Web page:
Fight Back Against Bearing Failure

Knowledge and preventive maintenance pay off in lower bearing-related manufacturing costs.

The Enemy: Friction. The Solution: Bearings.

Machines from oxcarts to space shuttles have used antifriction bearings to keep rotating elements working smoothly in mechanisms. Friction is enemy number one to machine designers and MRO professionals alike, but reducing it to a minimum is about more than pumping grease into a pillow block.

New to bearings and antifriction technology? There are two common types:

Ball bearings use spherical, commonly steel rolling elements caged between inner and outer “races” that control movement between stationary and rotating machine elements, like shafts or gears. Balls carry loads through point contact, minimizing friction, but limiting the maximum allowable load. 

Roller bearings are cylindrical and transfer the load over a larger area, described as line contact. This means they can operate under heavier loads, but are more limited in their speed.

Most bearing solutions are comprised of an inner ring that fits around the shaft or axle and an outer ring that fits inside the housing. Interior grooves on each ring provide the raceway that the bearings roll in. Lastly, a cage or retainer keeps the bearings separated and in the proper operation location.

Separated view of a rolling-element bearing. (1) Outer Ring. (2) Ball bearings. (3) Cage or retainer. (4) Raceway. (5) Inner ring. (Image courtesy of Niabot/Wikimedia Commons.)

Separated view of a rolling-element bearing. (1) Outer Ring. (2) Ball bearings. (3) Cage or retainer. (4) Raceway. (5) Inner ring. (Image courtesy of Niabot/Wikimedia Commons.)

Service Life and Bearing Failure – Why It Matters

No bearing will last forever. Even the highest quality steel or the lowest possible friction cannot prevent eventual bearing failure.

“Bearings have a life cycle and it’s a matter of understanding this cycle and how to prevent this failure from happening prematurely,” explains Steve Katz, president of Emerson Bearing.

Wear is the condition that a machine operator has the most control over, by ensuring that the bearing type and size, weight tolerance and lubricant are all the right choices for the machine and job at hand. With proper inspection and preventive maintenance, damage from wear can be minimized in order to maximize the service life of bearings.

The life cycle of a bearing, or service life is a sum of the number of operating hours a bearing can operate before material fatigue and wear damage prevent it from performing its function properly

Service life is usually cut short by excessive clearance in a critical operating parameter, such as end lash or runout in a supported shaft application. It may be limited by excessive running temperatures or noise in some applications. In some conservative and critical applications, bearings may be “lifed” and are simply replaced at recommended intervals regardless of performance.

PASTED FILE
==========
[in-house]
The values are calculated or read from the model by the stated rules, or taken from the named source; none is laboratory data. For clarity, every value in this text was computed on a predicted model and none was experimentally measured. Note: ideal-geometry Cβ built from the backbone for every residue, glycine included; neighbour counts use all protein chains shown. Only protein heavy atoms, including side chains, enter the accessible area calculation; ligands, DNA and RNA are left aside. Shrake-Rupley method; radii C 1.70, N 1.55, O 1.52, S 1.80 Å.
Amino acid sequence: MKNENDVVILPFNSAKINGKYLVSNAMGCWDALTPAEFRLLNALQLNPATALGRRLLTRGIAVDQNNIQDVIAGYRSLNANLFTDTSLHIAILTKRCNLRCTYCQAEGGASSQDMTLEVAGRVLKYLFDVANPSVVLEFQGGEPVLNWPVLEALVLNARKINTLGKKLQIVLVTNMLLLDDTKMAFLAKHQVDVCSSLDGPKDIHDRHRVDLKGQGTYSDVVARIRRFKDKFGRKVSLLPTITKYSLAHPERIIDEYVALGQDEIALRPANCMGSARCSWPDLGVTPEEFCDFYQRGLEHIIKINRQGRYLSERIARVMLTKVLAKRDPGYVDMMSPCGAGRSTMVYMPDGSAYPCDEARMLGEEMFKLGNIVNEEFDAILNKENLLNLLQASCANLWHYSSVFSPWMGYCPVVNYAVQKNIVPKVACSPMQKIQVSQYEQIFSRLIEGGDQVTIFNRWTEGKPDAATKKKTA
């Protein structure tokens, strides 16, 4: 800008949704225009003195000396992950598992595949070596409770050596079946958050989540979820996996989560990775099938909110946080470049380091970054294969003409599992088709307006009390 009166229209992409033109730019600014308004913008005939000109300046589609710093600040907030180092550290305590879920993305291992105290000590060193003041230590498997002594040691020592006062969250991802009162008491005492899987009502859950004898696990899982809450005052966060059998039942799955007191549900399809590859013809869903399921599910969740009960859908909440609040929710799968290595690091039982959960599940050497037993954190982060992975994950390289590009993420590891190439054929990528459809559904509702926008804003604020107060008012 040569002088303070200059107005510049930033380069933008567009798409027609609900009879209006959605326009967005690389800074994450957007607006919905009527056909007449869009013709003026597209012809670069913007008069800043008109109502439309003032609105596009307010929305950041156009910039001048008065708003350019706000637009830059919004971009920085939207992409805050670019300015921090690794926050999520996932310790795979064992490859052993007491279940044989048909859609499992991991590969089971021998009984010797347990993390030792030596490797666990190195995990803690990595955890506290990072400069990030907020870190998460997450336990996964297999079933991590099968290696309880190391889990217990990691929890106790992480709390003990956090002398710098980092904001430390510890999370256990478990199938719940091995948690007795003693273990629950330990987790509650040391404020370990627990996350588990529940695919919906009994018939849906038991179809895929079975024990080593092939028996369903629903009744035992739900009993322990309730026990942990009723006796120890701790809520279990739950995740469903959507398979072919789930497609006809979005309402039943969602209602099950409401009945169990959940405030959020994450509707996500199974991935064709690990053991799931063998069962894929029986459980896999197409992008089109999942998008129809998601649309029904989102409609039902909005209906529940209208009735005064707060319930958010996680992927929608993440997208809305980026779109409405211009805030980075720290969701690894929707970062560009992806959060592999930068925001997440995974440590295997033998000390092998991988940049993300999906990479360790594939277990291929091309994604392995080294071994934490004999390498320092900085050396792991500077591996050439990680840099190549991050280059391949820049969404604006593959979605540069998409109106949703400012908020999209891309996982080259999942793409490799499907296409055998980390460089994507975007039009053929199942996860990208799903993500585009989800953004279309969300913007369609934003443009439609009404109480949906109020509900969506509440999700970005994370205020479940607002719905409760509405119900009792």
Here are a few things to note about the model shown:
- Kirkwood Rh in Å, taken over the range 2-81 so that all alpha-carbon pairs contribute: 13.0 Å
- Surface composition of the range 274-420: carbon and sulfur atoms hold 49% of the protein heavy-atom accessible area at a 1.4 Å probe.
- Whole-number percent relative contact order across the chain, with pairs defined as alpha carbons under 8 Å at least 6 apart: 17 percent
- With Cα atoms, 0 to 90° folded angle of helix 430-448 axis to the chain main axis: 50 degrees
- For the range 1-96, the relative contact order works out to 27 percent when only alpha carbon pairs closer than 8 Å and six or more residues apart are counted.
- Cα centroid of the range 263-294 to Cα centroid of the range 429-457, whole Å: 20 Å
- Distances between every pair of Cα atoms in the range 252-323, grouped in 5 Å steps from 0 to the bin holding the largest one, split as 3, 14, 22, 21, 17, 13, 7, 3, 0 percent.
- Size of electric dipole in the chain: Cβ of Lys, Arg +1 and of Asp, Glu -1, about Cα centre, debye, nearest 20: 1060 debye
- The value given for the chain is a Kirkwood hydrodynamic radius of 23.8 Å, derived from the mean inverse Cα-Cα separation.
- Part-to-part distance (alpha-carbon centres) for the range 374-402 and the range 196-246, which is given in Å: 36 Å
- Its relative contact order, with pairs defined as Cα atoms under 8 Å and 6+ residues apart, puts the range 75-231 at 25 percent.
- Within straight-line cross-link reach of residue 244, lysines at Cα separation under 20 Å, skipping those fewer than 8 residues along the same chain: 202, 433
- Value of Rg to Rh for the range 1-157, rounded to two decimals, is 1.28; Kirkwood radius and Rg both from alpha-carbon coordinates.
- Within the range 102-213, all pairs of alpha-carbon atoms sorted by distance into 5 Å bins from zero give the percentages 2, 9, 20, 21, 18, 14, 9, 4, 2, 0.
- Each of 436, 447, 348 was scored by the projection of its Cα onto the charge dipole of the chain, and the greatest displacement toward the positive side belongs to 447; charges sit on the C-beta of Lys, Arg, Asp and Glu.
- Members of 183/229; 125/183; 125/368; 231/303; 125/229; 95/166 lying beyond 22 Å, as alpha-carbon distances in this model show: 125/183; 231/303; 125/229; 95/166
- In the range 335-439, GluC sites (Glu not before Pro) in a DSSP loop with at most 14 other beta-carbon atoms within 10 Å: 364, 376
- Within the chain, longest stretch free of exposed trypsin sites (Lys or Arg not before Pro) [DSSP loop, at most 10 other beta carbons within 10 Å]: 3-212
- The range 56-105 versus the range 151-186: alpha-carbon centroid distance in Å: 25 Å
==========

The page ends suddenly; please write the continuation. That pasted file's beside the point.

In every case, catastrophic bearing failure is expensive and unnecessary.

How and Why Bearings Fail

Eventually, all bearings fail; but they should not fail prematurely. Identifying the signs of wear and bearing failure and determining the cause of the problem is essential to getting the most out of bearings and the machines that use them.

There are many ways bearings can wear and both visual and acoustic indicators will help determine the cause of the failure – suggesting the right course of action to mitigate future problems.

Acoustic indications of bearing failure. (Courtesy of Emerson Bearing, Inc.)

Acoustic indications of bearing failure. (Courtesy of Emerson Bearing, Inc.)

Examples of bearing failure. (Images courtesy of Emerson Bearing.)

The Solution to Premature Bearing Failure

Once you know the type of bearing failure you are dealing with, it’s time to determine the fix.
Often the solution is relatively simple, such as switching to the correct lubricant for the speed, load and type of bearing you’re using.

Other times the solution can be more complex, with failures caused by several contributing factors related to lubricants, exposure to debris, load, operating speed and bearing type. An effective solution can involve adjustments to one or more of these factors.

“Sealed” bearings, for example, may exclude debris and retain lube in harsh environments, but in some cases may trap contaminants in the bearing and actually shorten bearing life. Similarly, pressure-fed lubrication might solve premature wear in some applications or exacerbate wear in poorly maintained, contaminated systems.

Breakdown of common bearing failure modes.  (Image courtesy of Emerson Bearing.)

Breakdown of common bearing failure modes. (Image courtesy of Emerson Bearing.)

A bearing specialist such as Emerson Bearing can examine damaged and worn bearings and rollers, determine the cause of the problem and assist in designing a solution that will improve performance of bearings and avoid premature failure in the future.

For a complete rundown of bearing failures, causes and solutions, check out the Bearing Failure Analysis eBook from Emerson Bearing.


Download Our  Bearing Failure Analysis Guide

Emerson Bearing has sponsored this post. They have no editorial input into this post. All opinions are mine. James Anderton.

Written by

James Anderton

Jim Anderton is the Director of Content for Mr. Anderton was formerly editor of Canadian Metalworking Magazine and has contributed to a wide range of print and on-line publications, including Design Engineering, Canadian Plastics, Service Station and Garage Management, Autovision, and the National Post. He also brings prior industry experience in quality and part design for a Tier One automotive supplier.